Brentwood Bay / Tod Inlet
    
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Saanichton, BC (Nearby: Brentwood Bay, Central Saanich, Keating, Ardmore, Bamberton)

  • Brentwood Bay
  • Tod Inlet

7103 W Saanich Rd
Saanichton, British Columbia
V8M 1P0


British Columbia Tourism Region : Vancouver Island

Description From Owner:
  • John Sluggett settled here in 1876, and the post office, which opened in 1920, was Sluggett until 1925, when it was renamed Brentwood Bay.
  • The new name was taken from Brentwood in Essex, England, the home of R.M. Horne-Payne, president of the British Columbia Electric Company. The company operated an interurban railway linking the area with Victoria and had a powerhouse here.
  • Tod Inlet - Named after John Tod (1794-1882). Born in Scotland, he joined the HBC in 1813 and began many years of service in isolated posts.
  • To illustrate that isolation, Tod liked to tell how news of the Battle of Waterloo did not reach him until some three years after the famous victory belatedly but loyally he then fired off a salute at his fort.
  • In 1823 Tod carne to British Columbia, where he rose to the rank of Chief Trader. He was in charge at Fort Alexandria in 1841 when Samuel Black, the Chief Factor at Fort Kamloops, was slain.
  • Tod organized the search for the murderer. (See Tranquille.) The next year he built a new fort at Kamloops, where he was now stationed.
  • In 1846, according to one of Tod's stories, a friendly Shuswap chief warned him that 300 braves intended to murder the whites when next they journeyed from the fort.
  • Tod's response was to ride to the encampment of the would-be murderers, tell them that an epidemic of smallpox was coming their way, and add that out of kindness he had come to vaccinate them all.
  • Perhaps he was a little rough with the lancet, but vaccinate them he did, and their gratitude brought an end to the 'Shuswap Conspiracy.' (Their swollen right arms must also have made them temporarily hors de combat.)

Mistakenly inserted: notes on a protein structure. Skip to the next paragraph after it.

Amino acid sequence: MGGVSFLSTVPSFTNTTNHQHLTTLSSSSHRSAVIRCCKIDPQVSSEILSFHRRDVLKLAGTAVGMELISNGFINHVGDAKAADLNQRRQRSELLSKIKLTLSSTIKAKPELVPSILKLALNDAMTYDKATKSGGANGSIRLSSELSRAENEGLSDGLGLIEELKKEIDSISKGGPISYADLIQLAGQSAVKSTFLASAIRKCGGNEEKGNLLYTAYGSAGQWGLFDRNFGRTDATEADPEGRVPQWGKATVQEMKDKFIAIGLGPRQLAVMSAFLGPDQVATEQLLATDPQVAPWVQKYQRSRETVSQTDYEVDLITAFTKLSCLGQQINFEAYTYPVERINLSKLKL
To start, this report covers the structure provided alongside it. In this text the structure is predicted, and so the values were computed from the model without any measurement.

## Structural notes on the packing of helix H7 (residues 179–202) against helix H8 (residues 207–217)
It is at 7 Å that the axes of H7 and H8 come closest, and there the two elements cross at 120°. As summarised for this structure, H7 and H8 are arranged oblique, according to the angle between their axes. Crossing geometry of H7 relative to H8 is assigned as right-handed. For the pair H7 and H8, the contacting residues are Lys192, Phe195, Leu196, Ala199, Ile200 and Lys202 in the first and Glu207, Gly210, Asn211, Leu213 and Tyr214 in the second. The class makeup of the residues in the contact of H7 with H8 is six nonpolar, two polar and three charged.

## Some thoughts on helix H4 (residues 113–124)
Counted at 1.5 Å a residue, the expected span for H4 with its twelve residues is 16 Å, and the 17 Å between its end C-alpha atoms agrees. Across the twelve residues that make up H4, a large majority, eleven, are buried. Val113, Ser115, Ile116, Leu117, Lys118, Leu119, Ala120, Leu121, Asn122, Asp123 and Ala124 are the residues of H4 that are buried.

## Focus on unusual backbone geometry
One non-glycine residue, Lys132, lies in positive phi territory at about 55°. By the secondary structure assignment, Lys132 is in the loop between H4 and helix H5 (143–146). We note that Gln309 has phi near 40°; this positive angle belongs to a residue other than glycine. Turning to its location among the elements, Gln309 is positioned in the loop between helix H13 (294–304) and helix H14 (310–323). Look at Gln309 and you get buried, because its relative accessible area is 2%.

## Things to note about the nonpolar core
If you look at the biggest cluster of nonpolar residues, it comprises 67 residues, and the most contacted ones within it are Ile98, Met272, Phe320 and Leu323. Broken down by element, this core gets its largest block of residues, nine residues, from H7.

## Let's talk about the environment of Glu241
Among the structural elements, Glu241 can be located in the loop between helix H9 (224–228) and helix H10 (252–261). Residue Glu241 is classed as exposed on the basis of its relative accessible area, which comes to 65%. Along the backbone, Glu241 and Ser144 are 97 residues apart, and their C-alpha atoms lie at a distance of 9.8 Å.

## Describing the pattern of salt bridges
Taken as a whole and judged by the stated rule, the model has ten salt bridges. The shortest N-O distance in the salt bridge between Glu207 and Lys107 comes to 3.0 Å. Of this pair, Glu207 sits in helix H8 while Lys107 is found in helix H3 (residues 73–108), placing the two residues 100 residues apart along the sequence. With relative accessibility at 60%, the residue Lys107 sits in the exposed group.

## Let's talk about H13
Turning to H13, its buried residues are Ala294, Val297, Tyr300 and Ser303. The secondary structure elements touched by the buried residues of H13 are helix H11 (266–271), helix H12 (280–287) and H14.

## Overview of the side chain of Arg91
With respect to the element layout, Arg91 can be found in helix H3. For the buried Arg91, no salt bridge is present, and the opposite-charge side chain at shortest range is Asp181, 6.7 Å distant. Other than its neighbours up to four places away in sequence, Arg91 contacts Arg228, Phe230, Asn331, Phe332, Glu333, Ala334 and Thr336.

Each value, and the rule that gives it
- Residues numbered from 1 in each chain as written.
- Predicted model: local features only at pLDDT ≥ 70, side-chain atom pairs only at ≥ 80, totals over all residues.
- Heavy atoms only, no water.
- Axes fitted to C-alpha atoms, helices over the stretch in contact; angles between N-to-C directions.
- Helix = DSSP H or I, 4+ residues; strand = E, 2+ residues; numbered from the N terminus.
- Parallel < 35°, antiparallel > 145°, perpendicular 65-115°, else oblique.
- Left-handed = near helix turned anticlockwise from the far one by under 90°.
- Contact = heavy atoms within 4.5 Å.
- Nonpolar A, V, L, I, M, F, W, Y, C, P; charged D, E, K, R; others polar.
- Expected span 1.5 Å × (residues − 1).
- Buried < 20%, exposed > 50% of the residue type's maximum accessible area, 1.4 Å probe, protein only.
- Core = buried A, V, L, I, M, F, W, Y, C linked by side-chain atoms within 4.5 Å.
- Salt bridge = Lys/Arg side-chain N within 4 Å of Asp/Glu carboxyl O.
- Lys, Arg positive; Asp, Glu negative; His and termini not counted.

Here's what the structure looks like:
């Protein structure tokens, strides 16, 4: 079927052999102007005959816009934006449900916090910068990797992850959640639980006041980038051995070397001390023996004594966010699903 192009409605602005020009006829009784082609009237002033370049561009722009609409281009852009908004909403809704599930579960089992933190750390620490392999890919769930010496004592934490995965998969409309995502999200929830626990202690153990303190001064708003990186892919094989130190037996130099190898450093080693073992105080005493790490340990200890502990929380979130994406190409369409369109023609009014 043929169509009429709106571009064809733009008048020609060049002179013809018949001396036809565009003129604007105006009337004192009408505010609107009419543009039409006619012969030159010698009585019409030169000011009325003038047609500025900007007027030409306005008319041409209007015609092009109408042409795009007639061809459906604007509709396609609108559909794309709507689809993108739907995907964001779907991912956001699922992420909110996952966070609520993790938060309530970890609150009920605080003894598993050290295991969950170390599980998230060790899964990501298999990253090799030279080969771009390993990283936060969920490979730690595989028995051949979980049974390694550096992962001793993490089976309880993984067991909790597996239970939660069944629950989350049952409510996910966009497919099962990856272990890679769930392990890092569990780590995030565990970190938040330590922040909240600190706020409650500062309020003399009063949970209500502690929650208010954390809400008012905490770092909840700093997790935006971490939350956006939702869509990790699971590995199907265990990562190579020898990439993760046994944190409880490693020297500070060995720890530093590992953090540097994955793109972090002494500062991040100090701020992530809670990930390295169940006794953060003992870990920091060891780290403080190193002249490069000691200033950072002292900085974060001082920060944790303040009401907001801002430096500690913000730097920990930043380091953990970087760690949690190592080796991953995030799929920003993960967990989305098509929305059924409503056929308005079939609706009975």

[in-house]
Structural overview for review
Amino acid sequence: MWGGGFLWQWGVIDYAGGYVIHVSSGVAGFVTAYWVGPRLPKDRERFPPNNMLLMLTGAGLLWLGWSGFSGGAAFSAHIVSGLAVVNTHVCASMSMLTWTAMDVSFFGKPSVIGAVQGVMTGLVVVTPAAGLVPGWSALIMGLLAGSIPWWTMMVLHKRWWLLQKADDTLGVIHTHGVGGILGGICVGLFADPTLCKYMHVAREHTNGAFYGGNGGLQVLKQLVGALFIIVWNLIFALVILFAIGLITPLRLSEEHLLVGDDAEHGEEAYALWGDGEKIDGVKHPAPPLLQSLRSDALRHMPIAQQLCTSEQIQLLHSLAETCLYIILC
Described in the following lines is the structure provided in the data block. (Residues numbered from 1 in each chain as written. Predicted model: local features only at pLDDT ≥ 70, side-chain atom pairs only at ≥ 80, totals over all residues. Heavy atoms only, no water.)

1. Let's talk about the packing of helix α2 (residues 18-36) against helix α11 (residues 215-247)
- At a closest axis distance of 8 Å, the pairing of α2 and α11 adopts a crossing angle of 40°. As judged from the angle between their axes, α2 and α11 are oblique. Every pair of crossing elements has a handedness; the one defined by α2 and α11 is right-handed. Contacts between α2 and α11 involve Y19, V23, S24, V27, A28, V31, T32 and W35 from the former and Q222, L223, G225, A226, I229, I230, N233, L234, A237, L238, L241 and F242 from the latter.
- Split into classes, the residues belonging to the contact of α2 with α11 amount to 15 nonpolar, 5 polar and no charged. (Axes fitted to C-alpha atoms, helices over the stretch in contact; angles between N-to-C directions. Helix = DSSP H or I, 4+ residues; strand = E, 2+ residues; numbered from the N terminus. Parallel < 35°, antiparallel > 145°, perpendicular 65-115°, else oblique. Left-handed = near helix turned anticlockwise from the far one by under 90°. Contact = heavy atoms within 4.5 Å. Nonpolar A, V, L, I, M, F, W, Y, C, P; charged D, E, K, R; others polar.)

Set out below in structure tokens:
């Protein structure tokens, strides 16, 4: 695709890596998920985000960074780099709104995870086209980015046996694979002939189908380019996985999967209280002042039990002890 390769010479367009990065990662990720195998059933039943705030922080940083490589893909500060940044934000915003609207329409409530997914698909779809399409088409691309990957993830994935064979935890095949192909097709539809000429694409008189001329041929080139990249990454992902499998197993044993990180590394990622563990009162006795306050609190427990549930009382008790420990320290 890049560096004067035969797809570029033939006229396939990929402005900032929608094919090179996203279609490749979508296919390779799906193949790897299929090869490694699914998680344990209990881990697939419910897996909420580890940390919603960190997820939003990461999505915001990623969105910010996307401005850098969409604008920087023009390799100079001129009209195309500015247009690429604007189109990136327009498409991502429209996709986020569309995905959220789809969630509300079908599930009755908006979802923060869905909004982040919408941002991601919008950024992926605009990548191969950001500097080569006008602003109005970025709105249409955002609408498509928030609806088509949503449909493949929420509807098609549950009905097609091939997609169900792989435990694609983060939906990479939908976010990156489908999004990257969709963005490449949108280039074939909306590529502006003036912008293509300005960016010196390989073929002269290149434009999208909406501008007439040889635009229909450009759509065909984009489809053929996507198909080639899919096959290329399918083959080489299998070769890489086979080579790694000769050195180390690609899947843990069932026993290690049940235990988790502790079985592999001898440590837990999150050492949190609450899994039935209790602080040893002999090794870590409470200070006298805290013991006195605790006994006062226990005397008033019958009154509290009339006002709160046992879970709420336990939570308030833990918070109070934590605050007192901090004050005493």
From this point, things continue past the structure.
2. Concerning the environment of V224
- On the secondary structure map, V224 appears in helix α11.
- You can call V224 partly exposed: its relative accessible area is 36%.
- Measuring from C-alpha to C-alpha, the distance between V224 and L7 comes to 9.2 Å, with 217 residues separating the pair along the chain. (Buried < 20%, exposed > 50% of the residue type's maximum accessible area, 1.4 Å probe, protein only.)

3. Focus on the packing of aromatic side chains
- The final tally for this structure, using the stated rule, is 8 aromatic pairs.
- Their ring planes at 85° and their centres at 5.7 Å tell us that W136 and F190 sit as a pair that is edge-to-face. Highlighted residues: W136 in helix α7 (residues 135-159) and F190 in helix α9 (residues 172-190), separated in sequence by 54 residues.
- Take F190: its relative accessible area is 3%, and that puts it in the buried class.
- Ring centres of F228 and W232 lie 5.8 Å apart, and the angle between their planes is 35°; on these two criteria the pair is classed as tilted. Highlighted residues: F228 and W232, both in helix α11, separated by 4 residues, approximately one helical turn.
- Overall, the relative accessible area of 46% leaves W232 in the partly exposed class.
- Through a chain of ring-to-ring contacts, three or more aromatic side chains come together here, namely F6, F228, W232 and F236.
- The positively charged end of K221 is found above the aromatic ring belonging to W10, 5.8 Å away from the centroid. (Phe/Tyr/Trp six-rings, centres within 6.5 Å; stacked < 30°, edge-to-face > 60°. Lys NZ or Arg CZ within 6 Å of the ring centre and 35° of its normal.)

• Tod retired in 1851 and settled in Victoria. He was too good a man to leave idle, and Governor Douglas appointed him first to the 'Council of Government' of Vancouver Island, and later to the Legislative Council.
  • Douglas also made him a justice of the peace. Tod lived to a fine old age, shrewd and canny, with his mind clear to the last. Also MOUNT TOD, northeast of Kamloops.
  • With permission from G.P.V and Helen B. Akrigg 1997 British Columbia Place Names. UBC Press.


Tod Inlet

Address of this page: http://bc.ruralroutes.com/BrentwoodBay



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Visitors to this page: 51     Emails sent through this page: 1     This record last updated: February 7, 2021

Attractions:
Nearby Lakes and Mountains:
  • Quarry Lake, 3km
  • Mount Newton, 3km
  • Durrance Lake, 4km
  • Killarney Lake, 6km
  • Mount Work, 6km
  • Pease Lake, 5km
  • Prospect Lake, 8km
  • Third Lake, 7km
  • Fork Lake, 8km
  • Elk Lake, 7km
  • Eagles Lake, 8km
  • Second Lake, 8km
  • Fizzle Lake, 9km
  • Maltby Lake, 10km
  • Beaver Lake, 9km
  • Mitchell Lake, 9km
  • Pike Lake, 11km
  • Holmes Peak, 9km
  • Mount Jeffrey, 8km
  • McKenzie Lake, 11km
  • Prior Lake, 12km
  • Teanook Lake, 11km
  • Matson Lake, 12km
  • Thetis Lake, 13km
  • Spectacle Lake, 9km
  • Oliphant Lake, 10km
  • Mount Finlayson, 13km
  • Blenkinsop Lake, 13km
  • Miniskirt, 14km
  • Wrigglesworth Lake, 11km
  • Mount Douglas, 13km
  • Florence Lake, 15km
  • Swan Lake, 14km
  • Mount Wood, 11km
  • Skirt Mountain, 14km
  • Colwood Lake, 16km
  • Mount Tuam, 16km
  • Hutchinson Lake, 14km
  • Langford Lake, 16km
  • Devereux Lake, 12km
  • Stebbings Lake, 12km
  • Glen Lake, 17km
  • Old Baldy Mountain, 14km
  • Mount Tolmie, 17km
  • Lubbe Lake, 14km
  • Mount Wells, 18km
  • Mount McDonald, 18km
  • Goodacre Lake, 20km
  • Goldstream Lake, 15km
  • Bruce Peak, 21km